Judge refuses to jail pensioners over failure to leave their home
A judge today refused to jail pensioners Martin and Violet Coyne, who faced going to jail for contempt of court by defying a judge’s order to have left their home by midnight last night.
Following pleas in the Circuit Civil Court by and on behalf of the Coynes, Judge Jacqueline Linnane adjourned an application to commit both of the Coynes to prison until August 27th.
The judge warned the Coynes that they were still in contempt of court orders and she told Mr Coyne he had also breached a sworn undertaking given to the court on behalf of himself and his wife that they would have been out of the house by today’s hearing.
Judge Linnane told barrister Stephen Byrne, counsel for the Receiver of assets of Daragh Ward, the house owner and the Conyes’s former landlord, that the County Sheriff could be asked to execute the court order for possession of the property.
It means, if the Sheriff acts, the Coynes could be on the roadside well before the August 27th adjourned court hearing which would still seek to commit them to prison for contempt.
Martin Coyne (71) and his wife, Violet, (61) have lived in the house in Carpenterstown, Co Dublin, for the last 15 years. Mr Ward, who had a mortgage with ACC Bank, went into Receivership in 2012 and the Receiver, Shane McCarthy, had sought possession in order to sell the house to reduce Ward’s debt to the bank.
Mr Coyne appeared in the Circuit Civil Court today with his brother-in-law Fred Molloy who spoke on his behalf. Mr Molloy said the background to the Receiver’s application had presented the Coynes with “a horror story” which had not been fully ventilated to the court prior to the Private Residential Tenancies Board having granted possession which was confirmed by Judge Linnane.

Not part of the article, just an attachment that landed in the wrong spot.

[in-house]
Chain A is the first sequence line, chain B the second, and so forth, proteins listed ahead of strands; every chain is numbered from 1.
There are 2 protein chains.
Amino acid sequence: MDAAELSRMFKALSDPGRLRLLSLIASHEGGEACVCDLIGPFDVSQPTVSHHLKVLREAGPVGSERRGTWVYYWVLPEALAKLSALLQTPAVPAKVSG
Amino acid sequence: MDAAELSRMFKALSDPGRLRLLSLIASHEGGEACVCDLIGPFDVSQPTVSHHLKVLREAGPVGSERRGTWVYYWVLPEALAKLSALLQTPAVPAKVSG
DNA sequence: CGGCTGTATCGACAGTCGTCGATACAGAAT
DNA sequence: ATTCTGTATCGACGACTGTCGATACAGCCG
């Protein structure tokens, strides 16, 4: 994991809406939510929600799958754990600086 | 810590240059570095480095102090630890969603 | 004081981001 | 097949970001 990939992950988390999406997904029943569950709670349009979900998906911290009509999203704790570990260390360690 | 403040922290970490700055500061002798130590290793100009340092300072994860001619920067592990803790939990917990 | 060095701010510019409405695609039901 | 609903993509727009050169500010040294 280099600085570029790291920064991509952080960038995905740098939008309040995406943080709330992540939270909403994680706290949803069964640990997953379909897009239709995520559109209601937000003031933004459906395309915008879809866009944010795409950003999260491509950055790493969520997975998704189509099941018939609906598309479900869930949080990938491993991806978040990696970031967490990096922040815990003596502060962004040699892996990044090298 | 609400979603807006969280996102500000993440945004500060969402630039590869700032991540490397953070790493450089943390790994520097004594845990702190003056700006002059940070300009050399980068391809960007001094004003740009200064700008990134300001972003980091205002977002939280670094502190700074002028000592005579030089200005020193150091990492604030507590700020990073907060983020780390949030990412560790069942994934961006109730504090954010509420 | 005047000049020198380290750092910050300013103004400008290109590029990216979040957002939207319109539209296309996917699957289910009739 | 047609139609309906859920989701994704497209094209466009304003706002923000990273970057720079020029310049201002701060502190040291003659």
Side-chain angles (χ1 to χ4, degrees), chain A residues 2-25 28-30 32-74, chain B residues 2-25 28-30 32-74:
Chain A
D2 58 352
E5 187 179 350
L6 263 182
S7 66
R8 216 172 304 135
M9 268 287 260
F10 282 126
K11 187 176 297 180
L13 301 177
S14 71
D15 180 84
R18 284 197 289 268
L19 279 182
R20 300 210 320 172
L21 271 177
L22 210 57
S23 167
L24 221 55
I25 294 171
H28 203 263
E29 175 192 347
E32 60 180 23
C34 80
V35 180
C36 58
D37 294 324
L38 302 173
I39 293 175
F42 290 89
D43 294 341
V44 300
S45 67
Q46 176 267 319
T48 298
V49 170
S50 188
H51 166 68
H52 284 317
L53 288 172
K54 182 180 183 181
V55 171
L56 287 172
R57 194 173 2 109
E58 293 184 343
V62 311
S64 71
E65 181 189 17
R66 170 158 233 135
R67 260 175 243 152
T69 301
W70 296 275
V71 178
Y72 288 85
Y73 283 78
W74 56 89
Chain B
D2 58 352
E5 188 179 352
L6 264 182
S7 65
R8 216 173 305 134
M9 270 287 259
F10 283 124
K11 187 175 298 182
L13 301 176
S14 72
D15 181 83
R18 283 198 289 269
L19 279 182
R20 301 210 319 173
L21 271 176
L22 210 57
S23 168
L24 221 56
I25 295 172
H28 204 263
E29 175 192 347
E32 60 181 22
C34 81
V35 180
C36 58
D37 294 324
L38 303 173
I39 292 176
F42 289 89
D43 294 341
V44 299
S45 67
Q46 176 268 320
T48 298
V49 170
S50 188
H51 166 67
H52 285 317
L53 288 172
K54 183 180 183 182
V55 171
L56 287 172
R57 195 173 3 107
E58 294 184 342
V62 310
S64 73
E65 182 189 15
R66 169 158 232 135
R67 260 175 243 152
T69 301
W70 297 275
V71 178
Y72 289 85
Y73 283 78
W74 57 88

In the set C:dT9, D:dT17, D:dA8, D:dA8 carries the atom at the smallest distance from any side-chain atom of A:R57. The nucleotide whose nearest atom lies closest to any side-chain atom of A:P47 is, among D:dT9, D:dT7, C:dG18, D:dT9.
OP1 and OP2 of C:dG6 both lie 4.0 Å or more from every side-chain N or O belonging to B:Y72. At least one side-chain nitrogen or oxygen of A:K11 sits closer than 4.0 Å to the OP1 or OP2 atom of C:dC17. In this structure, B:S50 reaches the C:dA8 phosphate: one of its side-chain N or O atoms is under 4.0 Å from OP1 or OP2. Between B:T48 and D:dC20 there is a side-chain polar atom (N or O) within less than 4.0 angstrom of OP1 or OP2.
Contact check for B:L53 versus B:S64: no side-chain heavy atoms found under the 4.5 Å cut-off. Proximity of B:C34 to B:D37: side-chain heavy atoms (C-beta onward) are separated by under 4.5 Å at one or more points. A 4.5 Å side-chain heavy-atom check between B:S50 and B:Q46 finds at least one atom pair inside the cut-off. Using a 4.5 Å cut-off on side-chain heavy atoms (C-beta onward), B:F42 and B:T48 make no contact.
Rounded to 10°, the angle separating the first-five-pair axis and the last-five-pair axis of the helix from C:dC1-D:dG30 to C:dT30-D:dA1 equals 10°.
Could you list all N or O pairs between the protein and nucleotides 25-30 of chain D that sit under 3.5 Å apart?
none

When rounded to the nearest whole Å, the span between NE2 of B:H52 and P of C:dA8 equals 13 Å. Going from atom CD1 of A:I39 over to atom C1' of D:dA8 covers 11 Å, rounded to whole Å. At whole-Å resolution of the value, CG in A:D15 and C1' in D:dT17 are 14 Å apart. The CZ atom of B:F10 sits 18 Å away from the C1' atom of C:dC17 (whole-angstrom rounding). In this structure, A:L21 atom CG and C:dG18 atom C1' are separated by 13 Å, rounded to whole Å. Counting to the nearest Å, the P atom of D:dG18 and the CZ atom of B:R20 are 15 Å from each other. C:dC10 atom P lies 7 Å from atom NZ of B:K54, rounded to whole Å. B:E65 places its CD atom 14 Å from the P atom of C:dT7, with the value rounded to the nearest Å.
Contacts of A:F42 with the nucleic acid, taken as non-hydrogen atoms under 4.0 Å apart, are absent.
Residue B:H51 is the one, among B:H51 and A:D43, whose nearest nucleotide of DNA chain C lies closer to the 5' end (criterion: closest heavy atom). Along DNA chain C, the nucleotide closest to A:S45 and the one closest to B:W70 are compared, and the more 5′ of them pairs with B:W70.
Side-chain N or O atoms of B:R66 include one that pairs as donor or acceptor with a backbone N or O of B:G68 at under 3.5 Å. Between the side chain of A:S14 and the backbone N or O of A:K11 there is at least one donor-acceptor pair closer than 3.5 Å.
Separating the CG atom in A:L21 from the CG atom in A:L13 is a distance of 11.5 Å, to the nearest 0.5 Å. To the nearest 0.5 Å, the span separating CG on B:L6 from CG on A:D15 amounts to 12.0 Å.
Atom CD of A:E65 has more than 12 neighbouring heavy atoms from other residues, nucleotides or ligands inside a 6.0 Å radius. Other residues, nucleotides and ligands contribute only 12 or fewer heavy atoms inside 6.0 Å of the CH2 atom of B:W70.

Mr Molloy said Mr Coyne was a man who sometimes did not even know his own name as he was on very heavy medication as was his wife. The couple were pleading for an adjournment so the Legal Aid Board could provide them with a legal representative to fully explain the situation to the court.
Mr Coyne himself also briefly addressed the court.
“I know I made a sworn statement I would vacate the property and I did so in good faith thinking I would get some alternative accommodation from Fingal County Council,” he said.
“I have got nothing but I have not just been sitting at home on my arse all day. I have been out there trying to get somewhere. The only thing I’m short of is money. It was never my intention to disobey the court.”
Mr Byrne, counsel for the Receiver, said the court had made Mr Coyne on all occasions fully aware of the situation and what he faced if he did not vacate the premises.
He said Mr Coyne had gone to the media about his situation and not all that had appeared had been factual.
“The court has afforded extensive indulgences in explaining the situation to Mr Coyne and the Receiver has engaged in extensive efforts to assist him getting up Fingal County Council’st housing list to get him alternative accommodation,” he said.
“This is a case of deliberate and conscious contempt of a court order and the application to commit to prison is not one the Receiver takes lightly or takes any satisfaction in,” Mr Byrne said.
Judge Linnane told Mr Coyne he had already appealed her order for possession to the High Court which had refused him a stay on her order on the basis the judge had considered there were no grounds to justify any appeal.
She said the debt owed to the bank was continuously increasing and the Receiver required vacant possession in order to sell the property in order to reduce that debt.
The judge told Mr Byrne that the Receiver had an order for possession from the court and it was the usual practice that such an order be passed for execution to the Sheriff.
She said this was what the Receiver could do and in the meantime she would adjourn the application to imprison the Coynes to August 27th to allow them obtain final word on the question of legal assistance from the Legal Aid Board.